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Pilatus PC-12NG TURBOPROP"1991"

The VFW 614 was produced in small numbers during the early- to mid-1970s by VFW-Fokker, a company resulting from a merger between VFW and the Dutch aircraft company Fokker. However, the program was officially cancelled in 1977, the anticipated sales and thus production having not been achieved.

Pilatus: PC12 "1991"

Role Passenger and cargo aircraft
National origin Switzerland
Manufacturer Pilatus Aircraft
First flight 31 May 1991
Introduction 1994
Status In production
Primary users PlaneSense / Royal Flying  / United States Air Force
Produced 1991-present
Number built 1,700 (as of October 2019)

Pilatus PC-12NG Turboprop


Pilatus

The Pilatus PC-12 is a single-engine turboprop passenger and cargo aircraft manufactured by Pilatus Aircraft of Stans, Switzerland,

Goto Pilatus Aircraft

The Pilatus PC-12 is a single-engine turboprop passenger and cargo aircraft manufactured by Pilatus Aircraft of Stans, Switzerland, since 1991. The main market for the aircraft is corporate transport and regional airliner operators. The PC-12 is the best-selling pressurized single-engine turbine-powered aircraft in the world and has been for several consecutive years,[2][3] with 1,700 deliveries as of October 2019

Operational History

Commercial, corporate and private use

Early sales of the PC-12 principally went to utility operators, because Pilatus was reportedly uncertain of the sales potential for business and passenger operators.[9] In 1994, the Royal Flying Doctor Service of Australia became the launch customer of the PC-12. It operates 32 PC-12s throughout Australia to deliver medical services in remote areas.

 

 
PC-12 with passenger embarking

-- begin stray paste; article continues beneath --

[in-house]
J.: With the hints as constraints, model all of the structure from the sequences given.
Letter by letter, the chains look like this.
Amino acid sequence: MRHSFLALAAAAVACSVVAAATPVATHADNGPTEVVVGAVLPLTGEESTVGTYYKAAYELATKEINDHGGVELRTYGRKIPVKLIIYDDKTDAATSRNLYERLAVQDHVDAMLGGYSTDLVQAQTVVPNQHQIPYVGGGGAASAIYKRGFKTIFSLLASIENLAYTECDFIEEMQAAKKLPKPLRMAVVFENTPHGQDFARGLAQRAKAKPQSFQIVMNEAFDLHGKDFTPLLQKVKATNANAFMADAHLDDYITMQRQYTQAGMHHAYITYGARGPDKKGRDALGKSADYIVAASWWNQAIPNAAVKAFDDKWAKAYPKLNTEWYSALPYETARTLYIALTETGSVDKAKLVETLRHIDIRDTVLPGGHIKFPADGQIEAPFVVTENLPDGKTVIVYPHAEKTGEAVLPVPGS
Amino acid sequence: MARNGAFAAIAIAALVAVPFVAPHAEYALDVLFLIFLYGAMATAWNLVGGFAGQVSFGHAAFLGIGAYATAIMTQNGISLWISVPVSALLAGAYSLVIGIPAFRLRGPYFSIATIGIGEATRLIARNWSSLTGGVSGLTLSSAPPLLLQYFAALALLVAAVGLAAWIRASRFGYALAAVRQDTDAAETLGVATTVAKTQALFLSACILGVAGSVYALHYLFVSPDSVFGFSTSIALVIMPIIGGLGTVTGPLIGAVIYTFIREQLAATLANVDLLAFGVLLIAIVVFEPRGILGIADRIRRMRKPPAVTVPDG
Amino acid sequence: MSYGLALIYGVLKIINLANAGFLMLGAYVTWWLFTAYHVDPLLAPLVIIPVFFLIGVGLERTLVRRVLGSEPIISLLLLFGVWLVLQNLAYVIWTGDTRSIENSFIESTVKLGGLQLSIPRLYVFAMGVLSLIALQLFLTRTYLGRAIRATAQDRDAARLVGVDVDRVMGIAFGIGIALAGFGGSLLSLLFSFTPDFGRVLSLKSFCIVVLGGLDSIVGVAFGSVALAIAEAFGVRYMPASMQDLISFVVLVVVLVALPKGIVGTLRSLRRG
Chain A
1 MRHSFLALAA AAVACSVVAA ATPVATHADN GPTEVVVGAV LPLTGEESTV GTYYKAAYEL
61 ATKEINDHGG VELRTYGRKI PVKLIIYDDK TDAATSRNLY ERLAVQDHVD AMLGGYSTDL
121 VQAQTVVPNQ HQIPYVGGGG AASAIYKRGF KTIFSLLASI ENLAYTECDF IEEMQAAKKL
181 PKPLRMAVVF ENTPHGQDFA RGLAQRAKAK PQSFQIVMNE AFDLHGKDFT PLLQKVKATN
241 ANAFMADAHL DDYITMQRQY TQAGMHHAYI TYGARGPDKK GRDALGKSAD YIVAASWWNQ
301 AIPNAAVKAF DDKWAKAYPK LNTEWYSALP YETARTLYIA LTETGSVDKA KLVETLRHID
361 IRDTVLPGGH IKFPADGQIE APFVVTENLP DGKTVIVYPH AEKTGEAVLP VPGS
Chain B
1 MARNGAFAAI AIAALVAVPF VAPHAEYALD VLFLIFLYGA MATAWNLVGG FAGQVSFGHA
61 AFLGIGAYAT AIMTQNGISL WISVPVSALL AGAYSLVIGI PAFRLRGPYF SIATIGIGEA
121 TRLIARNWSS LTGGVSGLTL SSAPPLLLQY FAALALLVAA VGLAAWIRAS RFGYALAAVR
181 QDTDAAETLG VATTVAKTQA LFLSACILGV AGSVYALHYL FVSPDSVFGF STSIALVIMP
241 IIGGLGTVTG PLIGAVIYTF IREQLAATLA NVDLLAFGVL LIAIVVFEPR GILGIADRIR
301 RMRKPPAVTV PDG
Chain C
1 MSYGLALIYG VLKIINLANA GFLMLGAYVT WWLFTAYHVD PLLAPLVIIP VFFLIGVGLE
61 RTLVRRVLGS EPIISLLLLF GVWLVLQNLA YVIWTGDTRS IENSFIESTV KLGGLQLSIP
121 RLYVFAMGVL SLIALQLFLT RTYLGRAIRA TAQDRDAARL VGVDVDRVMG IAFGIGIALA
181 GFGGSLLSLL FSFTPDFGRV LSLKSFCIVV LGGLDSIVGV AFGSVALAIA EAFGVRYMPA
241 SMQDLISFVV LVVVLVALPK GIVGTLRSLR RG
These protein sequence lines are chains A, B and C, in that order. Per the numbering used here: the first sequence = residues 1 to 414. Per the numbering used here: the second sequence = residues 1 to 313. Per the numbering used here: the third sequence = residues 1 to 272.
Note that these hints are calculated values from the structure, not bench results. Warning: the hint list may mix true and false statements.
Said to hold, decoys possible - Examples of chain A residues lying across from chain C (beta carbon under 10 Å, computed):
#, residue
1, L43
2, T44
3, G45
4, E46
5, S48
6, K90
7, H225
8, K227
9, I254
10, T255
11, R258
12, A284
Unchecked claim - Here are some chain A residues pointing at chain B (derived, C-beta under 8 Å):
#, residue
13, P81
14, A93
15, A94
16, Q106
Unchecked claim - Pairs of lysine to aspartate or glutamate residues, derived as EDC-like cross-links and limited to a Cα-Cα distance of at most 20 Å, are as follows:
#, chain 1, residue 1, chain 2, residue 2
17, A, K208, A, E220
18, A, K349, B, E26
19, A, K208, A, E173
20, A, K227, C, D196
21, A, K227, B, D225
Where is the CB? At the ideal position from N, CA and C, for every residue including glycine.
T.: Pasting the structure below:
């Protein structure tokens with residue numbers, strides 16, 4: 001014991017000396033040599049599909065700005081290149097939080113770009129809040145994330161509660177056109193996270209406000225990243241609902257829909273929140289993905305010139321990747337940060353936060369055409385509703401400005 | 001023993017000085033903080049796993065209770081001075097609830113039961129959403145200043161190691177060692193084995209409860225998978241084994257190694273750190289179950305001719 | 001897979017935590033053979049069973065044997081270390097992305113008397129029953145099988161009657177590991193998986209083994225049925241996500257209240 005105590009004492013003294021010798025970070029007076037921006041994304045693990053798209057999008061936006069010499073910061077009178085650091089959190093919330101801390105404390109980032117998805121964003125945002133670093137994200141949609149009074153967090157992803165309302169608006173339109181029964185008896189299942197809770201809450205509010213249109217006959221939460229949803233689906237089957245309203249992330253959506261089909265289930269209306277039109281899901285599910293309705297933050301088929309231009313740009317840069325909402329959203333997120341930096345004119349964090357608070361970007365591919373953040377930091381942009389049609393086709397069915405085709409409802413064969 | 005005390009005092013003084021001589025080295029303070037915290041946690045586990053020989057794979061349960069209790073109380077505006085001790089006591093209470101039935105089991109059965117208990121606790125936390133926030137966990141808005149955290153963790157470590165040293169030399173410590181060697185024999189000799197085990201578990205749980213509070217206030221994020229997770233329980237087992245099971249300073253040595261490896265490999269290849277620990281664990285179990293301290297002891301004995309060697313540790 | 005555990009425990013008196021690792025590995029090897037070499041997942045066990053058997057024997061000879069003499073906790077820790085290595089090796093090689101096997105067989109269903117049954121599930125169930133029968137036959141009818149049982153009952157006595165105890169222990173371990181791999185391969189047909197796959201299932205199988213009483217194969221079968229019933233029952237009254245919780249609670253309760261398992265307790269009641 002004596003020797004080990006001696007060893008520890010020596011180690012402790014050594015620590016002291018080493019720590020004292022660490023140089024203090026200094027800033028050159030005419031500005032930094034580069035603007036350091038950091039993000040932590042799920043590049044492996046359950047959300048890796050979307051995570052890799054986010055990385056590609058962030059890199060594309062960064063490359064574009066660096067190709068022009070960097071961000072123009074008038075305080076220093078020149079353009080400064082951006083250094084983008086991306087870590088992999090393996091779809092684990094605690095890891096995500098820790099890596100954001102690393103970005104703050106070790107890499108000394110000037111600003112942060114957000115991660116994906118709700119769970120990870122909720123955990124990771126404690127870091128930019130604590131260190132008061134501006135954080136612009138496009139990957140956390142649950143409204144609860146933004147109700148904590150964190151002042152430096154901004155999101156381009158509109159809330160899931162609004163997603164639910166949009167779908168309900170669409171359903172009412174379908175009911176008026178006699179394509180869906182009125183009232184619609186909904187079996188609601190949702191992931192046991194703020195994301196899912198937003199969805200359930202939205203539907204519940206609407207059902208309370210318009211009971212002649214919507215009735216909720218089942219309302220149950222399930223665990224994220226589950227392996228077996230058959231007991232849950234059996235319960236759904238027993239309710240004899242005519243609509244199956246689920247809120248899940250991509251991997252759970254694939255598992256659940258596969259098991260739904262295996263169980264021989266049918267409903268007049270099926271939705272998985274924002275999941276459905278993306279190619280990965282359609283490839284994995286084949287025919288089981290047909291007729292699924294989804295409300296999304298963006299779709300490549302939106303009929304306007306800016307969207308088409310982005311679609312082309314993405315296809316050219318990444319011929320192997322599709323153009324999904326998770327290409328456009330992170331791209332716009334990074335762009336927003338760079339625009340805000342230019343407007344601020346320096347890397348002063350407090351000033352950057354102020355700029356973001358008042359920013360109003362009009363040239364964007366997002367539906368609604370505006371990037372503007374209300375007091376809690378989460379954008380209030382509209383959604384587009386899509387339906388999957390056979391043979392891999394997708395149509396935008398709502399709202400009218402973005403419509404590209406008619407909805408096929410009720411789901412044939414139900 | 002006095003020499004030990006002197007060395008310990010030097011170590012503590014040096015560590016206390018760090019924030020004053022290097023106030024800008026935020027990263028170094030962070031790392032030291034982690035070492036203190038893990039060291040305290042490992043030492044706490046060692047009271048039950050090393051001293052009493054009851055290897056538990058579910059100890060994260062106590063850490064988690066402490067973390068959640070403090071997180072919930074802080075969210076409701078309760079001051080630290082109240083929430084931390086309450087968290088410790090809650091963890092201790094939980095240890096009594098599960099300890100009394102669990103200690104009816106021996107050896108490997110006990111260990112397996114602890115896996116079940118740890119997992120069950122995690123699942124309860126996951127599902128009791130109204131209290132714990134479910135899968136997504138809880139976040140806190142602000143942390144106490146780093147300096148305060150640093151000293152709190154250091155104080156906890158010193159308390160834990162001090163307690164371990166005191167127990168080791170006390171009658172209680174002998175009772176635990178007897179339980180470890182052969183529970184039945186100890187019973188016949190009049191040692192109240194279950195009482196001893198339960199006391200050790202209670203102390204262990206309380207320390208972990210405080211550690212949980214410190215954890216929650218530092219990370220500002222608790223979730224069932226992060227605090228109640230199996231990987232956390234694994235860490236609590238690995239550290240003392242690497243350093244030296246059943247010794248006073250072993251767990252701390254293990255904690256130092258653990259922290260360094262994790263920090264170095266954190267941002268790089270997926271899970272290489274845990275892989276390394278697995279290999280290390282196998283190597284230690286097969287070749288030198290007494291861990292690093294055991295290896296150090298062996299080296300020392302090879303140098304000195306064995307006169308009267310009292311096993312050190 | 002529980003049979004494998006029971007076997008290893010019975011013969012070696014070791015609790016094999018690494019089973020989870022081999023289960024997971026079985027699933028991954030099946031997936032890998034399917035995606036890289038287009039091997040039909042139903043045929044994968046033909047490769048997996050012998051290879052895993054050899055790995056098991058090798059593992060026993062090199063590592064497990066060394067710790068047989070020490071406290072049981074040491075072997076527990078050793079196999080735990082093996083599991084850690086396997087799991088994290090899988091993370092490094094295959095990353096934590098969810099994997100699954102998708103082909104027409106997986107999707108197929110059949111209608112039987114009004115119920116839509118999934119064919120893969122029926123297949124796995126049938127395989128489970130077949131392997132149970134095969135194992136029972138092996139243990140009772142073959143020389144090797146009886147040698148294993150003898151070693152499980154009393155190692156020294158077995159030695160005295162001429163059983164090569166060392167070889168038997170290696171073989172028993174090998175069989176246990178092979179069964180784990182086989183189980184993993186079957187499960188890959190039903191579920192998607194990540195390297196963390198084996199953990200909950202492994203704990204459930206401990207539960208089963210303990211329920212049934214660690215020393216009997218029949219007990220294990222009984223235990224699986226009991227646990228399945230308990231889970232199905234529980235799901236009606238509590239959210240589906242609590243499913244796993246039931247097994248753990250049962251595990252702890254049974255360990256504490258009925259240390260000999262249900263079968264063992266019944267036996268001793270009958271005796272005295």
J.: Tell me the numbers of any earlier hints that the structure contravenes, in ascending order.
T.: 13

In 2003, US charter airline Tradewind Aviation started operating the PC-12, which has now grown into one of the country’s largest operators of the type, with 22 aircraft.

Variants

PC-12
Original production variant certified in Switzerland in 1994, it has a Pratt & Whitney Canada PT6A-67B engine, 4,100 kg (9,039 lb) maximum takeoff weight, conventional round-dial cockpit.
PC-12/45
Certified in 1996 has a Pratt & Whitney Canada PT6A-67B engine, maximum takeoff weight increased to 4,500 kg (9,921 lb). Any of the original production aircraft can be converted to PC-12/45.
PC-12/47
Certified in 2005 has a Pratt & Whitney Canada PT6A-67B engine, maximum takeoff weight increased to 4,740 kg (10,450 lb).
PC-12/47E
United States Air Force designation for the PC-12/45.

 

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Pilatus PC-12NG Trainer (1991)

Leadership is never self-appointed. It is forged over time by actions, deeds, and respect earned by experience. Leaders are trusted because they’ve proven over time. The brand-new PC-12 NGX builds on the rock-solid, 1,700 aircraft foundation of its market-defining predecessor. In over seven million flight hours, the PC-12 has proven itself as the most versatile and valued business aircraft in the world. It’s an original that is impossible to copy. The PC-12 NGX takes this legacy to the next level of refinement, efficiency, and technological advancement. Fly at the head of the pack with the new PC-12 NGX.

Specifications

General characteristics

  • Crew: 1 or 2
  • Capacity: 6 to 9 passengers seats
  • Length: 14.4 m (47 ft 3 in)
  • Wingspan: 16.28 m (53 ft 5 in)
  • Height: 4.26 m (14 ft 0 in)
  • Empty weight: 2,810 kg (6,195 lb)
  • Max takeoff weight: 4,740 kg (10,450 lb)
  • Powerplant: 1 × Pratt & Whitney Canada PT6A-67P turboprop engine, 890 kW (1,200 shp)

Performance

  • Cruise speed: 528 km/h (328 mph, 285 kn)
  • Stall speed: 124 km/h (77 mph, 67 kn)
  • Range: 3,417 km (2,123 mi, 1,845 nmi) (HSC, VFR Reserves)
  • Service ceiling: 9,144 m (30,000 ft)
  • Take-off run to 15 m (49 ft): 793 m (2,602 ft)
  • Landing run from 15 m (49 ft): 661 m (2,169 ft)

Aircrafttoaal encyclopedia

The company has mostly produced aircraft for niche markets, in particular short takeoff and landing (STOL) aircraft as well as military training aircraft. During the 1950s and 1960s, Pilatus developed on a short takeoff and landing (STOL) light civil transport aircraft, the PC-6 Porter. During 1973, it was decided to restart work on the PC-7 programme; it entered production as the PC-7 Turbo Trainer. In 1979, Pilatus acquired Britten-Norman, constructor of the Britten-Norman Islander and Britten-Norman Defender aircraft. During the 1980s, it developed the PC-9, an improved derivative of the PC-7.